Next you need to select your broth, and I recommend the “combo” which allows you to try two different ones. If you can handle spice, get one mild or medium spicy. But be forewarned: medium spicy is Chinese for “very, very spicy”, so don’t try to be a hero here. When your broth and food comes, you cook it fondue-style in the hot pot and choose from an array of sauces to slather on it. My favorite was to mix the coffee-like one with soy sauce and chili sauce. The fish sauce is also a little sweet and great on the shrimp or fish balls.
Overall, it’s a fun experience and great for groups since it’s fixed price and you can order a ton of food, throw it in a pot and share.
Why Come Here? An adventurous night out, great cocktails, NYC’s premier foraging restaurant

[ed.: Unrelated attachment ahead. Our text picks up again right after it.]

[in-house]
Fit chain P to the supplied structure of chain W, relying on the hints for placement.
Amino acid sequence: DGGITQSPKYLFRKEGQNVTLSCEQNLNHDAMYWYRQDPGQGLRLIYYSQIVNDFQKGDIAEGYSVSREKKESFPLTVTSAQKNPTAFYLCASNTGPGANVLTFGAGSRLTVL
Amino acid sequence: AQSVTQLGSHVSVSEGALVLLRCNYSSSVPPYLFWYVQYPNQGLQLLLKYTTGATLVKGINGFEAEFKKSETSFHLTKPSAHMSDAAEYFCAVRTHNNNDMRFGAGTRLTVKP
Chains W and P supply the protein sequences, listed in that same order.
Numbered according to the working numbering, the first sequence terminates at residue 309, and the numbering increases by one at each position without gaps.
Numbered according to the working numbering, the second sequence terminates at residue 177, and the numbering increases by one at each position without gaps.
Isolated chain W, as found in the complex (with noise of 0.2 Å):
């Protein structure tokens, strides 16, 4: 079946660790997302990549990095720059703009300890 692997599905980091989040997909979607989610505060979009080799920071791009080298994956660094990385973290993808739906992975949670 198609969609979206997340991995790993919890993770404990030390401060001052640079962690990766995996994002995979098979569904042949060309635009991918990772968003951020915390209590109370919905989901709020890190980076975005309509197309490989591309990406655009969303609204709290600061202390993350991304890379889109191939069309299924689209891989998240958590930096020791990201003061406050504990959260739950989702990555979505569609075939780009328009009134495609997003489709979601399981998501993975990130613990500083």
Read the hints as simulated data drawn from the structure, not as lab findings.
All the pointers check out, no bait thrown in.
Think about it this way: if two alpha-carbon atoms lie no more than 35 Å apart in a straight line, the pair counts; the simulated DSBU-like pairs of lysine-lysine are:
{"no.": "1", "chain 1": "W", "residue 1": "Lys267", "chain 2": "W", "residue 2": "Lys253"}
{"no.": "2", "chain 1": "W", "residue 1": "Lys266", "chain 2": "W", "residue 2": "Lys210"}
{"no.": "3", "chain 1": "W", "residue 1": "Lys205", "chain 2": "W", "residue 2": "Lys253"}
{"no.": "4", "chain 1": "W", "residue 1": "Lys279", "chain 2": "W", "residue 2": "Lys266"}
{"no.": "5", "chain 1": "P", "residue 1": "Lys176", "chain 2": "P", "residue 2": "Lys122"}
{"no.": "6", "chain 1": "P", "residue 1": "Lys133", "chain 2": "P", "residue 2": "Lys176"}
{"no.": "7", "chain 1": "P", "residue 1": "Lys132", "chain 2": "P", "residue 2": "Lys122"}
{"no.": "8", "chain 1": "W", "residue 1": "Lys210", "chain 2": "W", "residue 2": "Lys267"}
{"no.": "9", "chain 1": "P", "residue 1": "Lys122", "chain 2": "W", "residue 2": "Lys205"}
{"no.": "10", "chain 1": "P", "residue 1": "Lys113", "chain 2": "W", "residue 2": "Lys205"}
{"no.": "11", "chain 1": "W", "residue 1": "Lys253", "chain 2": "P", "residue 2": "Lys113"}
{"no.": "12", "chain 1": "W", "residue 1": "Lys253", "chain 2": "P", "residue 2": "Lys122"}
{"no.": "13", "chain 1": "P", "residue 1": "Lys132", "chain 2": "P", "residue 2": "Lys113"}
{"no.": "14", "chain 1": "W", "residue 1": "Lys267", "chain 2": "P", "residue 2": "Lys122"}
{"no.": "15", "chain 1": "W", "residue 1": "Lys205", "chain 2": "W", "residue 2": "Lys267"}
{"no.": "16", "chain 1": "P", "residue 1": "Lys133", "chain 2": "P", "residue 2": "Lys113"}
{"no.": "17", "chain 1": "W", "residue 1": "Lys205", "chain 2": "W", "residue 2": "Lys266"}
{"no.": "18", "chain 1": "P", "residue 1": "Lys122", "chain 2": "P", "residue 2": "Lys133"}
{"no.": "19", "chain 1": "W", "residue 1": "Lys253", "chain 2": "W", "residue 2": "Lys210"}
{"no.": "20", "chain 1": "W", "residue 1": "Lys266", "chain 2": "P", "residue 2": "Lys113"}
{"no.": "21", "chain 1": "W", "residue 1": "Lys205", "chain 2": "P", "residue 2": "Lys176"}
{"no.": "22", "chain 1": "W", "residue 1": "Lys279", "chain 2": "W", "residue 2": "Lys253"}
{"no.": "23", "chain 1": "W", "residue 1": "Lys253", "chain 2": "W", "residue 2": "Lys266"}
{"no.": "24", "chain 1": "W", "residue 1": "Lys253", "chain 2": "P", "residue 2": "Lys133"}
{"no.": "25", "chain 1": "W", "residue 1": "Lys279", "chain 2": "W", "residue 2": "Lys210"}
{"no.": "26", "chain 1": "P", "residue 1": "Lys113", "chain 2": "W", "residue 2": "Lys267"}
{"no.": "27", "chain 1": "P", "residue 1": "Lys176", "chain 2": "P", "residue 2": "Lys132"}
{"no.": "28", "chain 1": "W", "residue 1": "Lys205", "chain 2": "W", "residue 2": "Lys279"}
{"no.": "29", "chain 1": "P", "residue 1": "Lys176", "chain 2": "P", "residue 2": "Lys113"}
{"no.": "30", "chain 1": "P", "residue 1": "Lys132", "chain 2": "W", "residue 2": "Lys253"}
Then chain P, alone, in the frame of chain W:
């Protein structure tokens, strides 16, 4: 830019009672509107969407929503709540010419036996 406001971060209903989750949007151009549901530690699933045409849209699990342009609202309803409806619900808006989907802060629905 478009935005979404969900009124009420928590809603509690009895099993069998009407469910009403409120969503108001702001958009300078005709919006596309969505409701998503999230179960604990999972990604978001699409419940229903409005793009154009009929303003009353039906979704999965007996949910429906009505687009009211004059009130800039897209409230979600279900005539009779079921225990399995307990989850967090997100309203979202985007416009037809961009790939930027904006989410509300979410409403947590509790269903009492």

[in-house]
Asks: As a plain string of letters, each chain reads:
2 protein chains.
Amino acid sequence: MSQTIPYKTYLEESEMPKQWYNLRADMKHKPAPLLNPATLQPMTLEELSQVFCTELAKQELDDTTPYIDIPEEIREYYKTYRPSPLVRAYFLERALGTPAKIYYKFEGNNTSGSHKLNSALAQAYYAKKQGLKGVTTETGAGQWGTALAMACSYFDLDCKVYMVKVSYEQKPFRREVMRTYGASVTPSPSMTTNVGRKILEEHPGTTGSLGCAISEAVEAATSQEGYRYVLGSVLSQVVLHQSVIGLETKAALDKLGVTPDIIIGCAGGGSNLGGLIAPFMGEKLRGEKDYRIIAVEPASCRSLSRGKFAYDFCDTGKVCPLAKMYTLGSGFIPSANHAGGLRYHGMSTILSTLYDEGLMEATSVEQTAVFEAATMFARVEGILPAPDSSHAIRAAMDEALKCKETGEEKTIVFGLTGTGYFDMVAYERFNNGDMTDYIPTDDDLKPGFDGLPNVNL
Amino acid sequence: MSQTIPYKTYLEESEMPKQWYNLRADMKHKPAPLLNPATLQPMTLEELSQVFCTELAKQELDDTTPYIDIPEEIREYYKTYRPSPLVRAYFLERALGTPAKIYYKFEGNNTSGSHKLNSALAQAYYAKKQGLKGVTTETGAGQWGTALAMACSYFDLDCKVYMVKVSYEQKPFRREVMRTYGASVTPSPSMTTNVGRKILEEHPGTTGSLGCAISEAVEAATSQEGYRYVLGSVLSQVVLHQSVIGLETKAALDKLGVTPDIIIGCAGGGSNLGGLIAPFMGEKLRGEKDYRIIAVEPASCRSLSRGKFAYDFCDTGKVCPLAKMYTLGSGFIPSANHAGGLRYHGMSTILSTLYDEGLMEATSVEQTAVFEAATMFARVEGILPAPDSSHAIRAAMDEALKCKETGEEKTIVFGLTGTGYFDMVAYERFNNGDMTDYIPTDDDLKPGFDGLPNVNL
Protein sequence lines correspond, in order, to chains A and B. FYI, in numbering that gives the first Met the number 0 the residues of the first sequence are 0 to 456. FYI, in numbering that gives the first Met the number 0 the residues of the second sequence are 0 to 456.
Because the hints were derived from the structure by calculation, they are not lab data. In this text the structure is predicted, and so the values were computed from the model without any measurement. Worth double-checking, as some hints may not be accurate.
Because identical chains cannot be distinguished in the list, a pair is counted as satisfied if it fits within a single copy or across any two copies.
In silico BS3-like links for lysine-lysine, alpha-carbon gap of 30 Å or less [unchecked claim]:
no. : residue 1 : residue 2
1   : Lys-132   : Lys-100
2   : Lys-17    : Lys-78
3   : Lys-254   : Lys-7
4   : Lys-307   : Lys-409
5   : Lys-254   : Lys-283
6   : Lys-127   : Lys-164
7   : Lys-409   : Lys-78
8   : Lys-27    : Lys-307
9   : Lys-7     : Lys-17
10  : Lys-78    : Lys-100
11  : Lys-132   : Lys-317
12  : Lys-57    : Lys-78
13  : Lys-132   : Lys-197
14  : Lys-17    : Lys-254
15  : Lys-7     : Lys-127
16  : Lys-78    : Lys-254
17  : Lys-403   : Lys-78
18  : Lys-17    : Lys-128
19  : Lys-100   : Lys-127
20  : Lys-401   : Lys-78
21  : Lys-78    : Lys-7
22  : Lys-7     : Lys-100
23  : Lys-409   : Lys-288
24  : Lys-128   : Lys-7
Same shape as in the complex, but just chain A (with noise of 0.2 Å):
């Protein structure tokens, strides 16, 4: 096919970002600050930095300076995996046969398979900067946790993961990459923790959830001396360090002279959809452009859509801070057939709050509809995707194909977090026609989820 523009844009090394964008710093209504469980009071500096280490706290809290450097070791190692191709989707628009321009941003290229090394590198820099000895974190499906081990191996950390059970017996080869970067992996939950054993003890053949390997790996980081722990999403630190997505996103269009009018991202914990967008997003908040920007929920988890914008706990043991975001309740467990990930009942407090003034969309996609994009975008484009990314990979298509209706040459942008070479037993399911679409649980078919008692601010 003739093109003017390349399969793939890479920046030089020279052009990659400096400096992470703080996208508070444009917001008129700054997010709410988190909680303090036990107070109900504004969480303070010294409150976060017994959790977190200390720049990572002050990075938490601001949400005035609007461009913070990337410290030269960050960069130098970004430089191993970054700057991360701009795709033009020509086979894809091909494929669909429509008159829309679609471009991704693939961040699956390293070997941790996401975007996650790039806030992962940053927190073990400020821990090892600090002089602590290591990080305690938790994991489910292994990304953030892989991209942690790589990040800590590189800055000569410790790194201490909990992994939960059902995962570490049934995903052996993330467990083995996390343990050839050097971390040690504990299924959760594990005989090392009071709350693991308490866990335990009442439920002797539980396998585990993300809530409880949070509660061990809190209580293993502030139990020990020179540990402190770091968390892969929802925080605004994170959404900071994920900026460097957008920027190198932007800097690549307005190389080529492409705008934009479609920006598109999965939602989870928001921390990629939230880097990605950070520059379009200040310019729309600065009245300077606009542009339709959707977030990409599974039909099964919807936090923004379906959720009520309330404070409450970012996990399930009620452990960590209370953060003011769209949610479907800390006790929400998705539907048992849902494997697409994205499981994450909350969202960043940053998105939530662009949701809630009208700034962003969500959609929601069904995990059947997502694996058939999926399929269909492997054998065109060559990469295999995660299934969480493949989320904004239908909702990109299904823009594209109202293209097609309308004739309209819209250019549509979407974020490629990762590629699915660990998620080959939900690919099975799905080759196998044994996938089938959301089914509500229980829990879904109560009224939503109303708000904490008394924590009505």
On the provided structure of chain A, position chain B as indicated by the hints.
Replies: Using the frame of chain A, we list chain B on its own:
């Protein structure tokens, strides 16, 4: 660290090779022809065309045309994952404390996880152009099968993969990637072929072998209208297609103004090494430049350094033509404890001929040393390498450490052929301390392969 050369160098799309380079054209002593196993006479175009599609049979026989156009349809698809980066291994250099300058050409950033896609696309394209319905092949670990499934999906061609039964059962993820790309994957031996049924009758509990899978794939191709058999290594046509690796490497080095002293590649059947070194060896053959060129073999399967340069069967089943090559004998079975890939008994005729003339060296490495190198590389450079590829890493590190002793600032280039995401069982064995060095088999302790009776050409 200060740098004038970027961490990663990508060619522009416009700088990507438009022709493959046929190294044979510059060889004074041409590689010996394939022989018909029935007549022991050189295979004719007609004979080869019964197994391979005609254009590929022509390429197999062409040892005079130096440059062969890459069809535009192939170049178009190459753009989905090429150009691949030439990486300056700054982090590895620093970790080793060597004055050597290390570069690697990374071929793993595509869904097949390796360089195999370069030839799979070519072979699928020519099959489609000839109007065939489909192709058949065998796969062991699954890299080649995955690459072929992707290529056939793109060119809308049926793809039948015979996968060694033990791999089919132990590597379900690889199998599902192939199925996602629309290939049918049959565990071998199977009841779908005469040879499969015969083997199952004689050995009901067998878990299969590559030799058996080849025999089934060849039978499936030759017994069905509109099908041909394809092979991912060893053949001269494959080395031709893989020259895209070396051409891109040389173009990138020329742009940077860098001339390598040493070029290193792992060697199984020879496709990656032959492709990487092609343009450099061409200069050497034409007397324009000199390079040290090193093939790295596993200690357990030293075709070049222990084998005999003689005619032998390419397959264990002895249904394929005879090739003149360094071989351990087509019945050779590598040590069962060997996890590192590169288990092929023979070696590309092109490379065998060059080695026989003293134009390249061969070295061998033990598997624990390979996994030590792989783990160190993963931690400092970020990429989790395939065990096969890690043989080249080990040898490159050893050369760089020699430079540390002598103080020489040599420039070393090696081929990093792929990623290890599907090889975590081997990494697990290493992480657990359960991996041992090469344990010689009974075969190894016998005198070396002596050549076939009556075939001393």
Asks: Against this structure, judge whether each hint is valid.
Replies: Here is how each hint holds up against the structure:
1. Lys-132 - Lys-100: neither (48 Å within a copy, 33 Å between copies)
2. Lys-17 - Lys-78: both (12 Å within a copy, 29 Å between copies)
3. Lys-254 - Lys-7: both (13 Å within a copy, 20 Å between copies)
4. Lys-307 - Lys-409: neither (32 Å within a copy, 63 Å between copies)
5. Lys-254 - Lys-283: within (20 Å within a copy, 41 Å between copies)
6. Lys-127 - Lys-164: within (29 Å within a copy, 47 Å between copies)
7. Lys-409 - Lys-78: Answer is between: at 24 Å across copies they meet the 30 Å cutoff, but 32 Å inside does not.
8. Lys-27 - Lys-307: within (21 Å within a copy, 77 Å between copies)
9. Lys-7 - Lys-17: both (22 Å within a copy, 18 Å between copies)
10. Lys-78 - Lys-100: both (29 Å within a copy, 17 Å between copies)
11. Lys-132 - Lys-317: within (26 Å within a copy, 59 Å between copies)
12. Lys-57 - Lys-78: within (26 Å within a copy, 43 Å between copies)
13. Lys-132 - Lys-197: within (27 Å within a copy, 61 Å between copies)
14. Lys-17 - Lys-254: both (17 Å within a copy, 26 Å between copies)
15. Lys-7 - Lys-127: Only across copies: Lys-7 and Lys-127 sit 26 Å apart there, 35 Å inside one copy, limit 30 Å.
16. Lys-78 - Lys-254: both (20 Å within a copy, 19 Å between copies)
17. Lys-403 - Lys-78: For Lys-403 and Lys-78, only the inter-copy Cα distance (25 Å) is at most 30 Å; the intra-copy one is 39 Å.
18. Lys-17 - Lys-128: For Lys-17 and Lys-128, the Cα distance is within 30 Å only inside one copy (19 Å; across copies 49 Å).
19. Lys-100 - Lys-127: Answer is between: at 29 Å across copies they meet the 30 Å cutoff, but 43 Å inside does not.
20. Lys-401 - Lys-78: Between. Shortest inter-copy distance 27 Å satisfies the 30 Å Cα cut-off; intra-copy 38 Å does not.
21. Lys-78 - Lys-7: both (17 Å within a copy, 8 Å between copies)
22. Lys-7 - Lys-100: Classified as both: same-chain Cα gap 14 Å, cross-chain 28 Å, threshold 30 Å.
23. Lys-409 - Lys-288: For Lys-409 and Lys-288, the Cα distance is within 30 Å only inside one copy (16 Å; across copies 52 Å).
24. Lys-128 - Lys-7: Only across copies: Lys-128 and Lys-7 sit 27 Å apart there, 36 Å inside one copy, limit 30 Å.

Let me start out by saying this: Aska is not a restaurant you bring your parents to. The modern Scandinavian cooking bears no resemblance to the ligonberry, smoked salmon and herring platters you think of as “traditional Scandinavian.” In fact, much of it bears little resemblance to things you think of as “food.” Instead, it follows a trendy cooking style known as “foraging” (set by Copenhagen-based Noma) which essentially means “let’s find some stuff in a forest that no one is cooking with and serve it to people.” So you find ingredients like purslane (a weed), lichen and autumn leaves. Aska is about the adventure of eating unusual food that’s good more than eating something downright delicious. But for those who are up for the adventure, a very enjoyable evening awaits.